What causes urinary incontinence? 24 possible conditions

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What Is Urinary Incontinence?

Urinary incontinence is a loss of control of the bladder. In some cases, it may result in a total loss of the bladder’s contents or it may just cause minor leakage. The condition may be temporary or chronic, depending on its cause.

Incontinence can be a symptom of many different health problems, ranging from cancer to kidney stones to an enlarged prostate. It can also be a natural result of the aging process, since your bladder muscles become weaker as you get older.

According to the American Academy of Family Physicians, millions of Americans suffer from urinary incontinence. While the condition is more common among women and those over 50 years of age, anyone be affected by temporary or chronic incontinence. (AAFP)

You should see a doctor for any instance of incontinence. The condition interferes with your daily life, and can possibly be a symptom of a very serious condition.

Types of Urinary Incontinence

Urinary incontinence is divided into three different categories, or types. However, you may experience a mix of the types or all three.

Stress Incontinence

This type of incontinence may occur when you participate in some types of physical activity—such as when you are exercising, coughing, sneezing, or laughing. The activity causes the sphincter muscle, which normally holds your urine in the bladder, to weaken and release urine.

Urge Incontinence

Urge incontinence occurs when you feel a sudden and strong urge, or need, to urinate. Very soon after the urge strikes, you lose control of your bladder. Often, you do not have time between the urge and the loss of urine to make it to a bathroom.

Overflow Incontinence

This type occurs when you urinate but do not completely empty the bladder. Later, you may lose some urine. Overflow incontinence can also be called dribbling.

Causes of Urinary Incontinence

There are many causes of urinary incontinence—including physical damage, aging, cancer, infection, and neurological disorder. Some of these conditions will only result in temporary urinary problems and are easily treated, while others are more serious and persistent.

Temporary Causes

Some cases of incontinence are temporary. Often, these instances are caused by an external, or lifestyle, factor. Drinking alcohol, caffeinated beverages, or too much of any fluid can cause a temporary loss of bladder control. Some medications—such as blood pressure drugs, muscle relaxants, sedatives, and some heart medications—may also lead to a short spell of incontinence.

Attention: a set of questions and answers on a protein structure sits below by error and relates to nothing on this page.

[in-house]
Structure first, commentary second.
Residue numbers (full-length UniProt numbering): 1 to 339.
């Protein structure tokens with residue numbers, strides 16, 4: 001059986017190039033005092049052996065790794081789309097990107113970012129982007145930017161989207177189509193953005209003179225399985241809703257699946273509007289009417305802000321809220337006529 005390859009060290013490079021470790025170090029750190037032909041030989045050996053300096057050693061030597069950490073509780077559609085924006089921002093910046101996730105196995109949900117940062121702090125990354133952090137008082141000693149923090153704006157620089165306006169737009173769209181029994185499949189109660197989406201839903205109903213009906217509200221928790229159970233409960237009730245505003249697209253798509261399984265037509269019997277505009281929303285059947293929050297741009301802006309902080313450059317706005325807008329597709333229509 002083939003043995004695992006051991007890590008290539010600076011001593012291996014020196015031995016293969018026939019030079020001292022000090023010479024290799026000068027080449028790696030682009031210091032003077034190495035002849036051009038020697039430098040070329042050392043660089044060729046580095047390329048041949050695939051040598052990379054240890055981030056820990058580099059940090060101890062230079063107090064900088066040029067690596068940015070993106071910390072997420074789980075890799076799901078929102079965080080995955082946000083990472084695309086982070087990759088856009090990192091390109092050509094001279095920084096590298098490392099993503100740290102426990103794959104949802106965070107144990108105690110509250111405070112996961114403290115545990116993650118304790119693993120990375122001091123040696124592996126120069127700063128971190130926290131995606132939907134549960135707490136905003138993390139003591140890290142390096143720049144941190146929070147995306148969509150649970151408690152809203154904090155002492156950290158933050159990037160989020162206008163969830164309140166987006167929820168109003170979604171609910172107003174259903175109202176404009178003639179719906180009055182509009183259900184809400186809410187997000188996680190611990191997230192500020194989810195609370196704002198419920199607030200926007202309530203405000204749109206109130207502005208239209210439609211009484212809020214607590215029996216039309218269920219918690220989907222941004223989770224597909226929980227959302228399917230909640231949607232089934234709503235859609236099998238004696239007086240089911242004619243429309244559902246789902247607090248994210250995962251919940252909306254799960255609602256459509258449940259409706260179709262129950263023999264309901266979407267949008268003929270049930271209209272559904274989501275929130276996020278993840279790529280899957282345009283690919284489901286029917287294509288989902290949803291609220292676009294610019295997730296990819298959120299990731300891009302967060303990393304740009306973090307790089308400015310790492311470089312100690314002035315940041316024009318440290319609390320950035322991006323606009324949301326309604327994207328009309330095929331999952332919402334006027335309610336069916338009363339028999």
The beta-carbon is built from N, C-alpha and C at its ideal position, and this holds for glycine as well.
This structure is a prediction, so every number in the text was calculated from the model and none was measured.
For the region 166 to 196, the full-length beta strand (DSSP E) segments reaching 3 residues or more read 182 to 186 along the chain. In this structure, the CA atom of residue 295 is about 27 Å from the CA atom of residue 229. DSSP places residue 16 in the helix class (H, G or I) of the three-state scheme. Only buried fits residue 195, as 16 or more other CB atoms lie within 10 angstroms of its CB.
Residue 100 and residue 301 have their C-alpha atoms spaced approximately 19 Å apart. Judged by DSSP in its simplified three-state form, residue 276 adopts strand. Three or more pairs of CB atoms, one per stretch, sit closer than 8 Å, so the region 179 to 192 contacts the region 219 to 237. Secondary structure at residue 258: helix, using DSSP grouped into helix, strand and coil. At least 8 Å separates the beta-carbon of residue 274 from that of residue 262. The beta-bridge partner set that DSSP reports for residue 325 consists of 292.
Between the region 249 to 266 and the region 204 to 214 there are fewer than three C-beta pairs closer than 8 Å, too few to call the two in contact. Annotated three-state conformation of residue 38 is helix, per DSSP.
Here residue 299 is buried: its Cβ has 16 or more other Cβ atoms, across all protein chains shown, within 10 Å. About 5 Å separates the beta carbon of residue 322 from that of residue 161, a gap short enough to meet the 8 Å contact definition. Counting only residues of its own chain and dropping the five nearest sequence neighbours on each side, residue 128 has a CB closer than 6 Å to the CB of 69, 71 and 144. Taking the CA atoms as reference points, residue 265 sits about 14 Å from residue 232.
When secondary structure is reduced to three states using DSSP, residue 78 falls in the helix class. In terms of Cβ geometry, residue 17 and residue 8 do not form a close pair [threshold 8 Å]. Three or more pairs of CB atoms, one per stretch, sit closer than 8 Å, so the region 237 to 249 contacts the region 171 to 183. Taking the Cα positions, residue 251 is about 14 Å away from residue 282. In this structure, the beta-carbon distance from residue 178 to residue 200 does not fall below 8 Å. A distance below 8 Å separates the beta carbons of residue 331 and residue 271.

Certain conditions may also cause temporary incontinence. Constipation can increase the need to urinate because the compacted stool can make the nerves controlling your bladder overact. A urinary tract infection may also lead to instances of incontinence.

Aging

As you age, your bladder muscle becomes weaker and incontinence becomes more likely. Any issues with your blood vessels will make this situation worse. The healthier you are, the better your chances of avoiding incontinence as you age.

Damage

Any damage caused to your pelvic floor muscles can lead to incontinence, since these muscles support your bladder. In some cases, they can be damaged or weakened by surgery—usually during a procedure to remove the uterus—or during childbirth.

Enlarged Prostate

In nearly all men, the prostate gland enlarges with age. It is common for men to experience some incontinence as a result.

Cancer

Prostate cancer in men, or bladder cancer in men or women, can cause incontinence. In some cases, the cancer’s treatment will cause incontinence as a side effect. A tumor, whether malignant or benign, can also cause incontinence by blocking the usual flow of urine. Kidney or bladder stones can have the same effect.

Less Common Causes

Prostatitis, or the inflammation of the prostate, and interstitial cystitis, a chronic condition of the bladder that causes pain, can occasionally cause incontinence.

When to Seek Medical Help

Any instance of incontinence is reason to seek medical help. It may be a symptom of a more serious condition that needs to be treated. Even if the underlying cause is not life threatening, incontinence can be a major disruption in your life, and you should discuss your treatment options with your doctor.

You should seek immediate emergency medical attention if you lose control of your bladder and also experience any of the following symptoms:

  • trouble speaking or walking
  • weakness or tingling in any part of your body
  • loss of vision
  • confusion
  • loss of consciousness

What to Expect at a Doctor’s Appointment

During your appointment, your doctor will ask you a series of questions and perform a physical exam. He or she will want to know how long you have been incontinent, which type of incontinence you are experiencing, and many other details of your physical symptoms. You will also be asked about your daily habits, what you typically eat and drink, and any medications or supplements that you take.

If your doctor cannot diagnose the underlying cause after the questions and physical exam, he or she will probably order additional tests. One possible test is a cystoscopy, in which a small camera is inserted into your bladder so your doctor can see it up close.

You may also need to provide a urine sample for analysis. Your doctor may want to measure the amount of urine that you get rid of, the amount left over in your bladder, and the pressure in your bladder. This information is gathered by inserting a catheter, or a small tube, into your urethra and then your bladder.

Home Care for Urinary Incontinence

There are certain steps you can take at home to make living with incontinence easier. Your doctor can explain how you can strengthen your pelvic floor muscles, if this is the cause of your incontinence. It may involve urinating on a strict schedule or doing exercises to work the muscles.

You can also arrange your home to help you better manage your incontinence. You can make sure you have a clear and easy path to the bathroom, keep a night light on to make getting to the toilet easier in the dark, and use absorbent undergarments when you leave the house to prevent accidents.

Prevention of Urinary Incontinence